Just last week, in Obergefell v. Hodges, the Supreme Court ruled that marriage is a constitutional right for all Americans. But the majority and the dissenters relied on very different conceptions of the history of marriage.
By Pillarisetti Sudhir
Empires might have been created in fits of absentmindedness. But a mindful and dedicated research impulse is required for recovering their histories, especially of their end times.
Following the National History Center’s second annual reception for congressional interns, NHC and AHA intern Kevin Hess reflects on an evening of conversation regarding history’s place in politics and the wider world with peers and historians alike.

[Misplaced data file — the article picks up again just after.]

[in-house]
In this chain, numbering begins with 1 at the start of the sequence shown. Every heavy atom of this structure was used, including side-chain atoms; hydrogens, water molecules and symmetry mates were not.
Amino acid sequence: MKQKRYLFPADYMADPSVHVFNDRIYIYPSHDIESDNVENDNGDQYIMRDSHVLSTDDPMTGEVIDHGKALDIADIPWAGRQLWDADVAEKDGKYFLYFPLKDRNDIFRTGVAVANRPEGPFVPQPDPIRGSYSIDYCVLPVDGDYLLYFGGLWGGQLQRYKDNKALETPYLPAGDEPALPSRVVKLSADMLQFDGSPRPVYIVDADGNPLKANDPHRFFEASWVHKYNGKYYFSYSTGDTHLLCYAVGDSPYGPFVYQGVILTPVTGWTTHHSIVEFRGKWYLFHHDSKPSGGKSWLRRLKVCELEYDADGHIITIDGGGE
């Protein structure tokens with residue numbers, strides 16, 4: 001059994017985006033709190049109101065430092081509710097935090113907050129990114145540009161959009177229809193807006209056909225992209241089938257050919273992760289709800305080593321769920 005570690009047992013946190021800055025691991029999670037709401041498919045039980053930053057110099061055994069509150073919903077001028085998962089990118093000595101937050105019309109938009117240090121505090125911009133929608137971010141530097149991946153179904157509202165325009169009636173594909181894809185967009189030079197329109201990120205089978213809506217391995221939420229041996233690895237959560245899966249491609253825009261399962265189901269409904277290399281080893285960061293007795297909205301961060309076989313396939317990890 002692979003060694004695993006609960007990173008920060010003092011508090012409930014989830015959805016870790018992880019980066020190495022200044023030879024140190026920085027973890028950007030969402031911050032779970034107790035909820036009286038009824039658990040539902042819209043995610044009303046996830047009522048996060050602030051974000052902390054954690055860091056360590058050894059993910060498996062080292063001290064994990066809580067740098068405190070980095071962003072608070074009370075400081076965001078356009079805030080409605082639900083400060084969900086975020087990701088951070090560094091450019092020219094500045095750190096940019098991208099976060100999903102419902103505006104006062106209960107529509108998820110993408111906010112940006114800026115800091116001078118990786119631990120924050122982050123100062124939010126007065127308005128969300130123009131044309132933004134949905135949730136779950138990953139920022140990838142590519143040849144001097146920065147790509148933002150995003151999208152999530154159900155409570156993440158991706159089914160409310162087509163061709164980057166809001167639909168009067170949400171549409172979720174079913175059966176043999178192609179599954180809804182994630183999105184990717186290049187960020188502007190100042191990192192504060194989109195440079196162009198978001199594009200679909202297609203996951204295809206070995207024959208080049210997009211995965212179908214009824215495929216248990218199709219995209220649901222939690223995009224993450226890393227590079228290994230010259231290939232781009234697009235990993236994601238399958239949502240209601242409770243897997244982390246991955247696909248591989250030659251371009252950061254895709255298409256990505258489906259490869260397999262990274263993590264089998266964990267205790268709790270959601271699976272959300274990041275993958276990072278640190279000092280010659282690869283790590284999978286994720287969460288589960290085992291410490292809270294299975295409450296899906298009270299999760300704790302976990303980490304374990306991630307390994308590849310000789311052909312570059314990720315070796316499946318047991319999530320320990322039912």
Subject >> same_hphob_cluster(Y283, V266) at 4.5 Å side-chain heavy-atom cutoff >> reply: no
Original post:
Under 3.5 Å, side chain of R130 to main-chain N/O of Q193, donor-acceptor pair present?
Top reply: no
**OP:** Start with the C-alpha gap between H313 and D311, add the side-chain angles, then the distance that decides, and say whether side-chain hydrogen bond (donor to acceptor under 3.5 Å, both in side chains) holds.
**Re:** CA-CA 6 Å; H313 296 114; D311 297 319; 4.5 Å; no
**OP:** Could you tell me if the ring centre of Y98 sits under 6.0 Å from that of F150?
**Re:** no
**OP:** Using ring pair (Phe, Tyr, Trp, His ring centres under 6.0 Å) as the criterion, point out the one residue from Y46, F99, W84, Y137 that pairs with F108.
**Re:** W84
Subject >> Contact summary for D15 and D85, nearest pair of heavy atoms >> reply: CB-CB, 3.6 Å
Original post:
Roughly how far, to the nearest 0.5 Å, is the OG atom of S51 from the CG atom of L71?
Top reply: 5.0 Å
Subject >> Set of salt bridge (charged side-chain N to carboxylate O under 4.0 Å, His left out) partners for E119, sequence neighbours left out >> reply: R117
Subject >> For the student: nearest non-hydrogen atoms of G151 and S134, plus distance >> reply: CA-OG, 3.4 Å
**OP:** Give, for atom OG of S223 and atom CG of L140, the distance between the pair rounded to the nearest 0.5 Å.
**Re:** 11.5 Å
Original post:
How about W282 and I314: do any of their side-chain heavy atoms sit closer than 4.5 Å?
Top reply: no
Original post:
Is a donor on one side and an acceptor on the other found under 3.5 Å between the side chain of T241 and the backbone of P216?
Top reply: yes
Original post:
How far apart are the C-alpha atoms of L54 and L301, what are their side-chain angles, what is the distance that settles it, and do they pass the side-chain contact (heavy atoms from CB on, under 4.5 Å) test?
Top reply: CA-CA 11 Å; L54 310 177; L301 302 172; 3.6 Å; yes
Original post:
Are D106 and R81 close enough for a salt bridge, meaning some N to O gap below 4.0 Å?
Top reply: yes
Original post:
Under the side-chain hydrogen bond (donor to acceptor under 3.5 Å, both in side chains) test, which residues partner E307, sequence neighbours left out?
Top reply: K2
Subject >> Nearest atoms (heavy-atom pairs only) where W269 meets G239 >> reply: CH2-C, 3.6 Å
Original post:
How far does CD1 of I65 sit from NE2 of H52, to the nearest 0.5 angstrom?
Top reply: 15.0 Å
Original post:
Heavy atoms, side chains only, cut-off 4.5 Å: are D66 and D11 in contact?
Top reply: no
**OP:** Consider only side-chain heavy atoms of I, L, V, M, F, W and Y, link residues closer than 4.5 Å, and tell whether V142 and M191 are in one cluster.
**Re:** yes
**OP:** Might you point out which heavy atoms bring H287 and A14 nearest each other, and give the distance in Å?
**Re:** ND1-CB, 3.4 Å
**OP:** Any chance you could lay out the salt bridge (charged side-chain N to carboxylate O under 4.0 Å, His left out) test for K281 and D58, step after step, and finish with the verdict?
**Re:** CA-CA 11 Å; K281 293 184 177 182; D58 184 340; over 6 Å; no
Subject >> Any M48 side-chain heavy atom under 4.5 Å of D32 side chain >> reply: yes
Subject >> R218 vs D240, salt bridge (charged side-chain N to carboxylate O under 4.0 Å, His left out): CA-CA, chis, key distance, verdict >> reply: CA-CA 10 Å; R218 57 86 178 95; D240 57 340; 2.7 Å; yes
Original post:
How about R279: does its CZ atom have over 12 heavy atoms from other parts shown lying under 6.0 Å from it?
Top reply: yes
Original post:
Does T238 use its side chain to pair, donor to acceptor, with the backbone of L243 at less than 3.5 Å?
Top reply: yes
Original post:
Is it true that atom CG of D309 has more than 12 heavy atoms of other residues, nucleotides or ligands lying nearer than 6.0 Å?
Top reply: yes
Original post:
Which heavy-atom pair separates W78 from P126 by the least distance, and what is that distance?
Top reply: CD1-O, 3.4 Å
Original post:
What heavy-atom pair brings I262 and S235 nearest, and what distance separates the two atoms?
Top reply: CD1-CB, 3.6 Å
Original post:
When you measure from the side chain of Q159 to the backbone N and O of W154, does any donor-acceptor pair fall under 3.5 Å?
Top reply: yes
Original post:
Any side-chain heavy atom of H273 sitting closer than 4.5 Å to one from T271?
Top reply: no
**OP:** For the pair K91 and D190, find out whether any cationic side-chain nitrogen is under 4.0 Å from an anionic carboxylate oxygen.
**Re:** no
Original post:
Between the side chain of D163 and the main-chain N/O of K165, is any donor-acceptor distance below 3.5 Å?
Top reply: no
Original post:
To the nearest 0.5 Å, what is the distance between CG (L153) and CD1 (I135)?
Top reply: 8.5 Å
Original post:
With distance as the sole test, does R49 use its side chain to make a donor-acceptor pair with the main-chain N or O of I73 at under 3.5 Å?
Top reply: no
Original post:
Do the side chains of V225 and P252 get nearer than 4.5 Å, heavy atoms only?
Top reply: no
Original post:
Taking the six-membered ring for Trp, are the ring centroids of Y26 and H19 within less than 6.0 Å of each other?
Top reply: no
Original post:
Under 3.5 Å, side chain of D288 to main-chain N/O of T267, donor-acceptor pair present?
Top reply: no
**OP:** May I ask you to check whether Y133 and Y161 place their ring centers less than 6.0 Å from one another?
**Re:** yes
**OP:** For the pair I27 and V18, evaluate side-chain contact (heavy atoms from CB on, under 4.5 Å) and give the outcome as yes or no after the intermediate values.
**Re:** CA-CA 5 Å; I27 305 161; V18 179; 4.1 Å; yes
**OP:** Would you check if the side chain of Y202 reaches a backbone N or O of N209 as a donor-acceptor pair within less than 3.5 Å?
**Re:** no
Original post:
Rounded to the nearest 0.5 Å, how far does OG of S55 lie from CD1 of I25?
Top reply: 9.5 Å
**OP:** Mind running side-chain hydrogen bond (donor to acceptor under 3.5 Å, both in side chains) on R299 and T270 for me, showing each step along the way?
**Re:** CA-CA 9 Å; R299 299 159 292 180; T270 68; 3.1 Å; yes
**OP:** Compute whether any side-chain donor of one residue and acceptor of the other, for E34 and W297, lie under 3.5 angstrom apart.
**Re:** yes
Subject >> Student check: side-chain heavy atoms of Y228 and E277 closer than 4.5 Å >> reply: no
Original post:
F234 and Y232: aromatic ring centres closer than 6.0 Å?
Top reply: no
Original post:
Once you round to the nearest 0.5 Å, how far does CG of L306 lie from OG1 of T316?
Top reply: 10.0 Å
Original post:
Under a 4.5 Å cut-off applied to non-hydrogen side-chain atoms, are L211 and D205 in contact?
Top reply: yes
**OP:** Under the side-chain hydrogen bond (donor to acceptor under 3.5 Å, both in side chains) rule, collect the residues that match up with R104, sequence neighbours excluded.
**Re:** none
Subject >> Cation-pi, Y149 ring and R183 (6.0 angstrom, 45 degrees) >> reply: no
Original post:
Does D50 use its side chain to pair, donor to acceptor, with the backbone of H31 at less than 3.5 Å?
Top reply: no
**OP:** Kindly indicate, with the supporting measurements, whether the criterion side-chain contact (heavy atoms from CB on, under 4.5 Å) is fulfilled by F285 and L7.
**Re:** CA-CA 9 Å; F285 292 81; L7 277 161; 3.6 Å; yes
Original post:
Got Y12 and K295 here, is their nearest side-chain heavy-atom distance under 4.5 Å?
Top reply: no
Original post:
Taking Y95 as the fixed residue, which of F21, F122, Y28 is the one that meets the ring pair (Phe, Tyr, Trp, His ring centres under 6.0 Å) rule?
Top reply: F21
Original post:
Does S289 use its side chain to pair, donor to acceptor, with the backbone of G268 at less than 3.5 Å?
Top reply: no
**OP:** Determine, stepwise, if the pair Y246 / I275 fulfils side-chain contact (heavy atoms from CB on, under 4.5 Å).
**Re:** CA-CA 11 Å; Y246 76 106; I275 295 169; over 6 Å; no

From smoky speakeasies featuring female impersonators to unassuming houses that hosted secret political meetings, the built environment of New York City has shaped life for local lesbians, gays, bisexuals, and transgender people
History is in a state of crisis, losing readers and public influence, historians David Armitage of Harvard and Jo Guldi of Brown argue in their controversial book The History Manifesto. The main reason, the authors argue, is “short-termism,”